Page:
EHR-related Malpractice Suits Growing, finds Study

Electronic health records (EHRs) have fast become a staple in the healthcare sector and medical transcription companies play a key role in helping providers leverage EHR systems. However, EHRs have been found to contribute to malpractice suits. A new analysis by leading malpractice insurer The Doctors Company found that the number of malpractice claims in which EHRs have contributed to patient injuries has been rising during 2010-2018 (www.medscapecom). The trend is attributed to the increase in EHR adoption over these 8 years. As of 2017, nearly 9 in 10 (86%) of office-based physicians had adopted any EHR, and nearly 4 in 5 (80%) had adopted a certified EHR, according to the Health IT Dashboard.

EHR-related Malpractice Suits Growing, finds Study

In January 2018, we had reported on a Doctor’s Company study which found that the number of claims in which EHRs were a factor rose to 161 in July 2014 through December 2016 from just 2 (claims) during 2007-2010.

Key Findings

Researchers with The Doctors Company analyzed closed claims during 2010 to 2018 in their nationwide claims database. The report shows that:

  • A total of 216 EHR-related malpractice claims were closed during the 8-year period
  • The number of such claims rose from 7 in 2010 to an average of 22.5 in 2017 and 2018
  • In 2018, these claims formed just .39% of the claims universe – up from 1.02% in 2017 and 0.35% in 2010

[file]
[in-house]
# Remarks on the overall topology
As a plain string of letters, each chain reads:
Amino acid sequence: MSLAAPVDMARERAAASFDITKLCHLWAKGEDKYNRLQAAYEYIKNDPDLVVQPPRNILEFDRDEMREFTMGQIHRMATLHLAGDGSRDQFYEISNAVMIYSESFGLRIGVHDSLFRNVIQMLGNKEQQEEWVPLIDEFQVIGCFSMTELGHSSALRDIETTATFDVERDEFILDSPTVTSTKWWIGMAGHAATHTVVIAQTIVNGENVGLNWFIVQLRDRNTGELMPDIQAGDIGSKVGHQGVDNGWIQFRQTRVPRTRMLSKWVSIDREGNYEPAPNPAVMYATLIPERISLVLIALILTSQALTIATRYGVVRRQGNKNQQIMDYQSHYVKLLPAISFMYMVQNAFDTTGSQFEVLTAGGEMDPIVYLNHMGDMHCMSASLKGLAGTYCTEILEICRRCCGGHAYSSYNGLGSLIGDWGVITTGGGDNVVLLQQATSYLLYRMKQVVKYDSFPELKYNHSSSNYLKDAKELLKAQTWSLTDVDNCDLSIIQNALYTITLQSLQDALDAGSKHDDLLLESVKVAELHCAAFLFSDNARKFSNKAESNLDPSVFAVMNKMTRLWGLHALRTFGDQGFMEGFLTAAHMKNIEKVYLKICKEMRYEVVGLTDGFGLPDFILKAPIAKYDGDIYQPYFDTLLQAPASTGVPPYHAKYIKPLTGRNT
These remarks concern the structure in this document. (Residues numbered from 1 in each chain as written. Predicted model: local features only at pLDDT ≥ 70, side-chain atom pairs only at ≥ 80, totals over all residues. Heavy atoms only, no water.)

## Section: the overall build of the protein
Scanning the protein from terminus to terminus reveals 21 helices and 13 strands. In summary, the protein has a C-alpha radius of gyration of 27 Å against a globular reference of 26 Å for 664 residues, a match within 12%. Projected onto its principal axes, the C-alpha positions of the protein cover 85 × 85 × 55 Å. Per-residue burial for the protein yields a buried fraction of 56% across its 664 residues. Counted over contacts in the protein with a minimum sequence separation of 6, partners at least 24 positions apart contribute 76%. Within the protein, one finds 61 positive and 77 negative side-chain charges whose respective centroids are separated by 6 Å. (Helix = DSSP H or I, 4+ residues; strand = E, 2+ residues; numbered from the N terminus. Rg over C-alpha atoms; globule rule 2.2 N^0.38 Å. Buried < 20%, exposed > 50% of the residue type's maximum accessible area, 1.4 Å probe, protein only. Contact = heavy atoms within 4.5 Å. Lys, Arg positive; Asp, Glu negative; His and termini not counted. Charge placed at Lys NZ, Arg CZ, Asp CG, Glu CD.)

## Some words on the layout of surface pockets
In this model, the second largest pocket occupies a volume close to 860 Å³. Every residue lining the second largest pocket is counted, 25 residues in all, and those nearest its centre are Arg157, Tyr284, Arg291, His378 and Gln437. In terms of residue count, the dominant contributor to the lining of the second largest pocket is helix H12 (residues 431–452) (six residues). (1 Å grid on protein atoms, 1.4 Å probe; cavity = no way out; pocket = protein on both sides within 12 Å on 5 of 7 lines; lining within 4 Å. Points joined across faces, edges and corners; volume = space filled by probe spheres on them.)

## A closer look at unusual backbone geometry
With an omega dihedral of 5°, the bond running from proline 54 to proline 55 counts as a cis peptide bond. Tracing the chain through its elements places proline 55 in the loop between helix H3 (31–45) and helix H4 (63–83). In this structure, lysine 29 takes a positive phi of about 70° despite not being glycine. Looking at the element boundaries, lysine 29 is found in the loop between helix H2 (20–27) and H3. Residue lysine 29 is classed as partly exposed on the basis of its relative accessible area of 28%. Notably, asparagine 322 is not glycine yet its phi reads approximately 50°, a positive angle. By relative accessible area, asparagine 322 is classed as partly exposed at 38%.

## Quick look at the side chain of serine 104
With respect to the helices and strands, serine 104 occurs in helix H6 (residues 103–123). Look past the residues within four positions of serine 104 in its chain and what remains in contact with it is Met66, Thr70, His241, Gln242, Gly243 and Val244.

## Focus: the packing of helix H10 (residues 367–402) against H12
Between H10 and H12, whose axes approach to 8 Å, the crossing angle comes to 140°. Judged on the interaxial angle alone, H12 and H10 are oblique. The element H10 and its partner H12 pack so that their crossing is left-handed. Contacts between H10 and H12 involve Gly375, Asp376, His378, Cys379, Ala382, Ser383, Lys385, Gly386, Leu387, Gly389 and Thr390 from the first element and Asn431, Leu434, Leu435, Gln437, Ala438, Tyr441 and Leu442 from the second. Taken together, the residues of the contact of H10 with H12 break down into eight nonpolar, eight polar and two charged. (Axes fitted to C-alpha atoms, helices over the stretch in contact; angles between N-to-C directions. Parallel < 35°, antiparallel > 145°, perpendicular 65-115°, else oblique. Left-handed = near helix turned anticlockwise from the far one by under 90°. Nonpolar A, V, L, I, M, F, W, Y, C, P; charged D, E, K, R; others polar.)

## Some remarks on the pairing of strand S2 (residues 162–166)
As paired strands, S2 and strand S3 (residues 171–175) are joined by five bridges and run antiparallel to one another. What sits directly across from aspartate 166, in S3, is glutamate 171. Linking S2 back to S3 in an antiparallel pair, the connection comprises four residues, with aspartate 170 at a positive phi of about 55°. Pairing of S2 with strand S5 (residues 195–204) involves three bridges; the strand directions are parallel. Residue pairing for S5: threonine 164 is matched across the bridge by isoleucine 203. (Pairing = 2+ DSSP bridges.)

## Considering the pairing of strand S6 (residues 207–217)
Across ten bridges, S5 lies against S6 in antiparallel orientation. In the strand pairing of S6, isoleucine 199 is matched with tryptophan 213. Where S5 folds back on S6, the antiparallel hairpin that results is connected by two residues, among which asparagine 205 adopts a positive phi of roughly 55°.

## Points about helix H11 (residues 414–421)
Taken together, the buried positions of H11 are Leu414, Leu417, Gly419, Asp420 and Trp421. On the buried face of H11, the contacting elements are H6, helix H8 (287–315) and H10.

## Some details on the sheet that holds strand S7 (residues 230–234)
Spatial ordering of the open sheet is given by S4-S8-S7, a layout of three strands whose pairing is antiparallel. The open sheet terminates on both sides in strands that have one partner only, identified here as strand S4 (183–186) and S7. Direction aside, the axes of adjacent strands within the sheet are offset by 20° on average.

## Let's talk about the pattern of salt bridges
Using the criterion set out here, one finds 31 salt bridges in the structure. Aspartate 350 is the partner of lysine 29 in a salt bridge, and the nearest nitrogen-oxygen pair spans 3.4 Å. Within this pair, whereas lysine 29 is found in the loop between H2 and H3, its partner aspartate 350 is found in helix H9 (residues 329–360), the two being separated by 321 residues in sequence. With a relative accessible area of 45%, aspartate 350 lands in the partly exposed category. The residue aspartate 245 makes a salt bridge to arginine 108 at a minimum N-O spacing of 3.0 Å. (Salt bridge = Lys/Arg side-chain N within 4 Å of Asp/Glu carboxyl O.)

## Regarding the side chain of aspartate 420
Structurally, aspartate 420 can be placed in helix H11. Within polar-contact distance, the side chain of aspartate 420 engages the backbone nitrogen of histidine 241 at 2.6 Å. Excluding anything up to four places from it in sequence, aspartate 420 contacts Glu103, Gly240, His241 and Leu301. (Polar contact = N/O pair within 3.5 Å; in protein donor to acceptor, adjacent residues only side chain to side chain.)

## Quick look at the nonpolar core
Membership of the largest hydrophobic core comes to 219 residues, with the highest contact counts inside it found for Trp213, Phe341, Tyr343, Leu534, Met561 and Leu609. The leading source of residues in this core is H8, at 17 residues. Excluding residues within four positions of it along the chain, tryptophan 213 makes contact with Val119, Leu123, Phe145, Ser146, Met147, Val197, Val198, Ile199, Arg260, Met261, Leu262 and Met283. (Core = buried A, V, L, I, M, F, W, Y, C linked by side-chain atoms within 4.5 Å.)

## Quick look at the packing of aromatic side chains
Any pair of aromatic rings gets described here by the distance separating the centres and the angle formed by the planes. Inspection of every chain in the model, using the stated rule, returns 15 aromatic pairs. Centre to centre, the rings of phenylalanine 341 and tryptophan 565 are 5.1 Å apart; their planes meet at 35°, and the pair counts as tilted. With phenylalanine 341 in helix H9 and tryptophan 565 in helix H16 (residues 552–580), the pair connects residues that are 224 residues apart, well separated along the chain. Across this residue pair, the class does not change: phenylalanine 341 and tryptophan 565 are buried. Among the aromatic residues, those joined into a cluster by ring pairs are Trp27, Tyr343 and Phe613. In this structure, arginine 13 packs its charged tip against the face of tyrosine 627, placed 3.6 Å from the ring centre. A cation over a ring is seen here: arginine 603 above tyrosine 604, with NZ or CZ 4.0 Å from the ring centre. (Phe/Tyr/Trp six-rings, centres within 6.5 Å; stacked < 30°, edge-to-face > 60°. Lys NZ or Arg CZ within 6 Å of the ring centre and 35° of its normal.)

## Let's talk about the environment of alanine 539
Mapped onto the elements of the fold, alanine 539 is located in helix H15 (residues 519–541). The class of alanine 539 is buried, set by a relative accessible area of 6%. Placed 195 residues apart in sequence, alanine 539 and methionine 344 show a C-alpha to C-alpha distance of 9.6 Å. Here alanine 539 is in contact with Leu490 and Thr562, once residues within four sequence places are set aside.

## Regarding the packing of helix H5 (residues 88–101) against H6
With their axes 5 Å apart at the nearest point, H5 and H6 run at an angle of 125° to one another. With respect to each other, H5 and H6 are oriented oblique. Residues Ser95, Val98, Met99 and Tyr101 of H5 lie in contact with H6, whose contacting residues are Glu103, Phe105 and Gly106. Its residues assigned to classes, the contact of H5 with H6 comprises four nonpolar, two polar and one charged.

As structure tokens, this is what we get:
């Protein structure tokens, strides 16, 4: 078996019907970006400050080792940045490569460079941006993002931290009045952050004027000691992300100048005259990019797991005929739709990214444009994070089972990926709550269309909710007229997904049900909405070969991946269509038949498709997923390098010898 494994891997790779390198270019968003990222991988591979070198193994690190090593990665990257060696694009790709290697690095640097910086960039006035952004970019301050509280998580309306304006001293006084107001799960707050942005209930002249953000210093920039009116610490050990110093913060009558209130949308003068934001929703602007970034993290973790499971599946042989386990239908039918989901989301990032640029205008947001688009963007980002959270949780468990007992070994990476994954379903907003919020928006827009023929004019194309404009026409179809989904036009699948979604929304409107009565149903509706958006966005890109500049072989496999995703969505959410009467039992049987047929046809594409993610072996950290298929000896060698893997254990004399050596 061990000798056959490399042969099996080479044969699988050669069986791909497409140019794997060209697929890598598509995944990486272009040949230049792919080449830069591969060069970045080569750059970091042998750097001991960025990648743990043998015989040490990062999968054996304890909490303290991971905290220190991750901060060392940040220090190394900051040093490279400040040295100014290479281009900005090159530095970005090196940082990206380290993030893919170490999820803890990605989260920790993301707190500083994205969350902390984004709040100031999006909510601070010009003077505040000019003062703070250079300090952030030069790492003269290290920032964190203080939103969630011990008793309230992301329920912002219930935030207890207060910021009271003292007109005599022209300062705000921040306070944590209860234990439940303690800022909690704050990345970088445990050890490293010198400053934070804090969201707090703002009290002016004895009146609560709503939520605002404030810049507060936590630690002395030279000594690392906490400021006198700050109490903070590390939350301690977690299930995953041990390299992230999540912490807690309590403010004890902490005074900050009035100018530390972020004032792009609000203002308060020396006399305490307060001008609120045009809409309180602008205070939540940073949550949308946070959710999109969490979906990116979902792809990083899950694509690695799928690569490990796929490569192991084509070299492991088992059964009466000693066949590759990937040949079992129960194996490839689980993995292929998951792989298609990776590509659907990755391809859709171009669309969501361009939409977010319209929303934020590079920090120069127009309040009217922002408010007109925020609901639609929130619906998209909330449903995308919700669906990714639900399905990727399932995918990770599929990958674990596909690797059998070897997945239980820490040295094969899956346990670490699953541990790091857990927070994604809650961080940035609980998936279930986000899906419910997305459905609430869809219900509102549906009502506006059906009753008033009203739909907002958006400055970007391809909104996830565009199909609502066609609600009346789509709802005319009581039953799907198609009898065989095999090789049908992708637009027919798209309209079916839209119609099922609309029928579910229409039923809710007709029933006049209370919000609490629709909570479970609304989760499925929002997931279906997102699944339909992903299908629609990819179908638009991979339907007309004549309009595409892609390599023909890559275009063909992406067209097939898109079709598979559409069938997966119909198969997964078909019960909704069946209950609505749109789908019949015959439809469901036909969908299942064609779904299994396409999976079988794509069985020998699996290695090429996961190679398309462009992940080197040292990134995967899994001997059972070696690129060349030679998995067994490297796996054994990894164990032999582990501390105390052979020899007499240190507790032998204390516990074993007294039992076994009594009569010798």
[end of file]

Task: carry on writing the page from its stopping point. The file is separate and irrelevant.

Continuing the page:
• Rather than being the primary cause of claims, EHRs are typically contributing factors
  • System technology and design problems and user-related issues were the causes of the EHR components of claims closed from 2010 to 2018.
  • Family physicians and internists face higher risk of malpractice suits than other specialists when EHRs a cause of patient injuries
  • Serious injuries cited in EHR-related malpractice claims include death (25%), adverse reaction to medication (23%), need for surgery (15%), emotional trauma (14%), undiagnosed malignancy (13%), and organ damage (11%).
  • 31% of the EHR-related malpractice claims involved diagnosis-related allegations

EHR System Failure and User Issues Top Causes of Malpractice Suits

The researchers reported that system failure and user errors are the top reasons for malpractice claims. The technology-related factors identified include:

  • EHR failures (12%)
  • Lack of or failure of an EHR alert or alarm (7%)
  • A fragmented record (6%)
  • Failure or lack of electronic routing of data (5%)
  • Insufficient scope/area for documentation in the EHR (4%), and
  • Lack of integration/incompatible systems (2%)

The report identified the key user-related issues that led to malpractice claims as:

  • Entry of incorrect information (13%)
  • Prepopulating/copy and paste (13%)
  • Hybrid health records/EHR conversion issues (13%)
  • Other user errors (12%)
  • Insufficient training and/or education (7%)
  • Alert issues/fatigue (2%), and
  • Computer order entry workarounds (2%)